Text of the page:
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Voting as we know it is far from perfect. Many of us have spent hours waiting in long queues after turning up at polling stations. The registration process in some instances is complex, or even unfair.

But what if we could make voting easier, more open and fairer?

A recent Okta report found that 14 million more Americans would register to vote if it was easier to do so. The US is due to go to the polls in November during an unprecedented time. And this raises the question: as the world battles a global pandemic, is the way we vote coming into question? 

If citizens aren’t able to vote by mail in the upcoming election, what will the impact be?

The fundamental point of voting is to represent the views of the people—getting better turnout is key to this. 

The option to vote by mail removes the burden of physically going somewhere to vote. Given the impact of Covid-19, and social distancing measures, this is more important than ever. 

All states allow at least some form of mail-in voting, but some make it more accessible than others. Seven states (including New York) require a reason other than Covid-19 to allow absentee votes. In these states, a lot of people will still have to vote in person.

Without the option of mail-in voting, or if this option proves difficult or complicated, it’s likely that less people will vote in the upcoming November election.

Could elections be run more effectively via eVoting?

In theory, yes. In practice, there are a whole range of considerations that should be taken into account. Election systems are complex, and adding technology to these procedures has to be done in the right way in order to improve the process, without compromising on security, privacy or access.

However, it’s undeniable that everything is becoming more digital. Mail votes create a secure and easy way to increase voter turnout and participation in democracy. But why stop there? In the future, new channels, including digital platforms, could open up the voting system to more people.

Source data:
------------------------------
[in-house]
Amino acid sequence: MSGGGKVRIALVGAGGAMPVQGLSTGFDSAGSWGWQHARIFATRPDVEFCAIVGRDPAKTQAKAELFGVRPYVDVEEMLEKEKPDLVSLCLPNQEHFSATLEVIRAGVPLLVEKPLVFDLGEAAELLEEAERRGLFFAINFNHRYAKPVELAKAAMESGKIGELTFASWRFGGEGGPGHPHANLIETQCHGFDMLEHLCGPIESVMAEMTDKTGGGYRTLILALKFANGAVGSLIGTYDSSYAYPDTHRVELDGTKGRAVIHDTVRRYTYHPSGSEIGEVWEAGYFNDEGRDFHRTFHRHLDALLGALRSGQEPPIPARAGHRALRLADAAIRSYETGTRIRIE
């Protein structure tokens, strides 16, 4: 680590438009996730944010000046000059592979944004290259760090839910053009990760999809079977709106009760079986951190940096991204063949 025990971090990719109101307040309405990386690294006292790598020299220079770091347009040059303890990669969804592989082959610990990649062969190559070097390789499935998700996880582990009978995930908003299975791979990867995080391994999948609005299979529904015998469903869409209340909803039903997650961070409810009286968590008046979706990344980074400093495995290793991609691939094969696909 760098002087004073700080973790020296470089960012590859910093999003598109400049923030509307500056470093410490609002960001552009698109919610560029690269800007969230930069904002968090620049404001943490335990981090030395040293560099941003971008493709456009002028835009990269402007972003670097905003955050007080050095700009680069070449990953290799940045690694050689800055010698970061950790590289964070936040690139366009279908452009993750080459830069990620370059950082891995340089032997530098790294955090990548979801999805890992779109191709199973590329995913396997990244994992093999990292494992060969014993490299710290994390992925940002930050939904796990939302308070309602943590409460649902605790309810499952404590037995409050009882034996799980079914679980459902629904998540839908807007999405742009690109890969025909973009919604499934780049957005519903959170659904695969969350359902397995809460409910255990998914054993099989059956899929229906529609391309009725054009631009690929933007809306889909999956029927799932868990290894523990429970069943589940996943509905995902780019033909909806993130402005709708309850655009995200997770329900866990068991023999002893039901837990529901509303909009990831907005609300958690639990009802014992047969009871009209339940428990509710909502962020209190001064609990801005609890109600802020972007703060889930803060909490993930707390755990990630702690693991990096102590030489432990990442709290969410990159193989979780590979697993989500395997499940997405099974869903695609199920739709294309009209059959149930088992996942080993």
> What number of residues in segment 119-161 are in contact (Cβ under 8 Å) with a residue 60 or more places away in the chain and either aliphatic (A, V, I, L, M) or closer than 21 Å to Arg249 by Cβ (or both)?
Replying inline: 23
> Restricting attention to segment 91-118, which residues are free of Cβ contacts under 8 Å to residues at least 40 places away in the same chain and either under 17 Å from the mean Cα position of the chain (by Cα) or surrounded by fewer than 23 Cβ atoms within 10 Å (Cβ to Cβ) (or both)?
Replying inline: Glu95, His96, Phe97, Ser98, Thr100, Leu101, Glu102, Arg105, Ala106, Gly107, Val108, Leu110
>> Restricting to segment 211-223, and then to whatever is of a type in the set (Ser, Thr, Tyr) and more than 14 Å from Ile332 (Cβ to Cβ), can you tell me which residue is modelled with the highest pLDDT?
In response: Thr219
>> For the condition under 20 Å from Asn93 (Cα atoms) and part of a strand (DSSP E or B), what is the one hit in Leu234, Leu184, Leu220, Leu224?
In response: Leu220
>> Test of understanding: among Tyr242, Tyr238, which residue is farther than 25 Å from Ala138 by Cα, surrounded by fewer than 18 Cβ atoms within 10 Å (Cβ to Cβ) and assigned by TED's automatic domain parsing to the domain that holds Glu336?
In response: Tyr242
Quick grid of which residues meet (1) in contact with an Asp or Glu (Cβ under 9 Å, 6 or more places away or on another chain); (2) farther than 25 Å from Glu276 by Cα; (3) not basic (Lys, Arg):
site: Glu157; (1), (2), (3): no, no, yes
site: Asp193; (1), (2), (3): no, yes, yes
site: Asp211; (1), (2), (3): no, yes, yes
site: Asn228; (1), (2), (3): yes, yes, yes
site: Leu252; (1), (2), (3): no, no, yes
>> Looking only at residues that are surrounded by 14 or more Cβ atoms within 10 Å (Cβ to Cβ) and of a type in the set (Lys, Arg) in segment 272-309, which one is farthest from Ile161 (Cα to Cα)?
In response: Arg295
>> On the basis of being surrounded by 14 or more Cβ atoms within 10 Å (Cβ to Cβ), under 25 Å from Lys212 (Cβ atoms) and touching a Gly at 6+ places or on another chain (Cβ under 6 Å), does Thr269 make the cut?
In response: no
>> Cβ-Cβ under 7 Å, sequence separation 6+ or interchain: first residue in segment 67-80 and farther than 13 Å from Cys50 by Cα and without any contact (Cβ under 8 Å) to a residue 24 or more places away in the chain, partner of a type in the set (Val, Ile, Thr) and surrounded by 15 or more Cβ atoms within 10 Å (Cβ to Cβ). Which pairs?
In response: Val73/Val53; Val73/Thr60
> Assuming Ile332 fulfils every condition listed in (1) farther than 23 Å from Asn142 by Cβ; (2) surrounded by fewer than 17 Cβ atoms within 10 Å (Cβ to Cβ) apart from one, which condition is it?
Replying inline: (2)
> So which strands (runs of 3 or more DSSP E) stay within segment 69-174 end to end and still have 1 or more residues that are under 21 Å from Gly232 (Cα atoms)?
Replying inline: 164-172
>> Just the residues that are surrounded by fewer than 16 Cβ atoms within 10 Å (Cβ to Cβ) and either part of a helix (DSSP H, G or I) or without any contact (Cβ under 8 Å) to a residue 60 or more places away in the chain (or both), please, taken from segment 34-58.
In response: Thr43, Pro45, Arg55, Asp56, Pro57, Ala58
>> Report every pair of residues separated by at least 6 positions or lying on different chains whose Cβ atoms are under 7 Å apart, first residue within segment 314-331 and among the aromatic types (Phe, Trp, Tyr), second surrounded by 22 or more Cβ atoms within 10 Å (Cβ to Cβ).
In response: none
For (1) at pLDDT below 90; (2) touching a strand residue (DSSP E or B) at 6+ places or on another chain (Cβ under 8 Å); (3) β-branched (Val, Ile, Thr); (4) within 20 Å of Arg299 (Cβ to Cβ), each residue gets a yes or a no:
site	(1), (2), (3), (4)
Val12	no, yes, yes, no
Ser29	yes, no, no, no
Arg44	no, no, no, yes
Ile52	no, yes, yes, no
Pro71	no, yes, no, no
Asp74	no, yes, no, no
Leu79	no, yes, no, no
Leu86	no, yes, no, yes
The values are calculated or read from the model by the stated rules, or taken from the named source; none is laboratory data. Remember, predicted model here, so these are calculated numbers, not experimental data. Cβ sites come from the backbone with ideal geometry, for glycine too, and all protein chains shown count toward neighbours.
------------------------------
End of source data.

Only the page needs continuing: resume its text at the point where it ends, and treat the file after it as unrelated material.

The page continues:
And this is the direction that services are heading—we’re not going backwards. There was a time when online banking would have been dismissed, that it was considered unsafe and insecure. Now it’s part of our everyday life. We all do it. If we’re comfortable managing and transferring one of our most valuable financial assets via digital platforms, why can’t the same be done for voting?

What can we learn from countries that have carried out eVoting?

Some countries have already tested eVoting. Estonia proved that an e-voting model can safeguard the process for millions of citizens.

But some instances of electronic voting haven’t been so successful, such as during the Iowa caucus earlier this year. A key lesson to learn from examples like this is that systems need to be thoroughly tested beforehand. And back-up plans need to be available on the day, in case any problems arise.

How could electronic voting work?

A key part of online voting comes down to the question of identity. How do you prove who you are online to prevent fraud? How do you tie the votes to a real person while at the same time ensuring the process remains anonymous? To do so, eVoting systems would need to integrate with a system of trusted identity providers. 

A dramatic shift straight from in-person voting to purely electronic voting could cause problems in itself. So a good approach to introducing electronic voting, would be to dovetail it with other voting channels. Multiple voting options could actually be a good thing. It would be the perfect way to open voting up to more people and widen access, increasing voter turnout.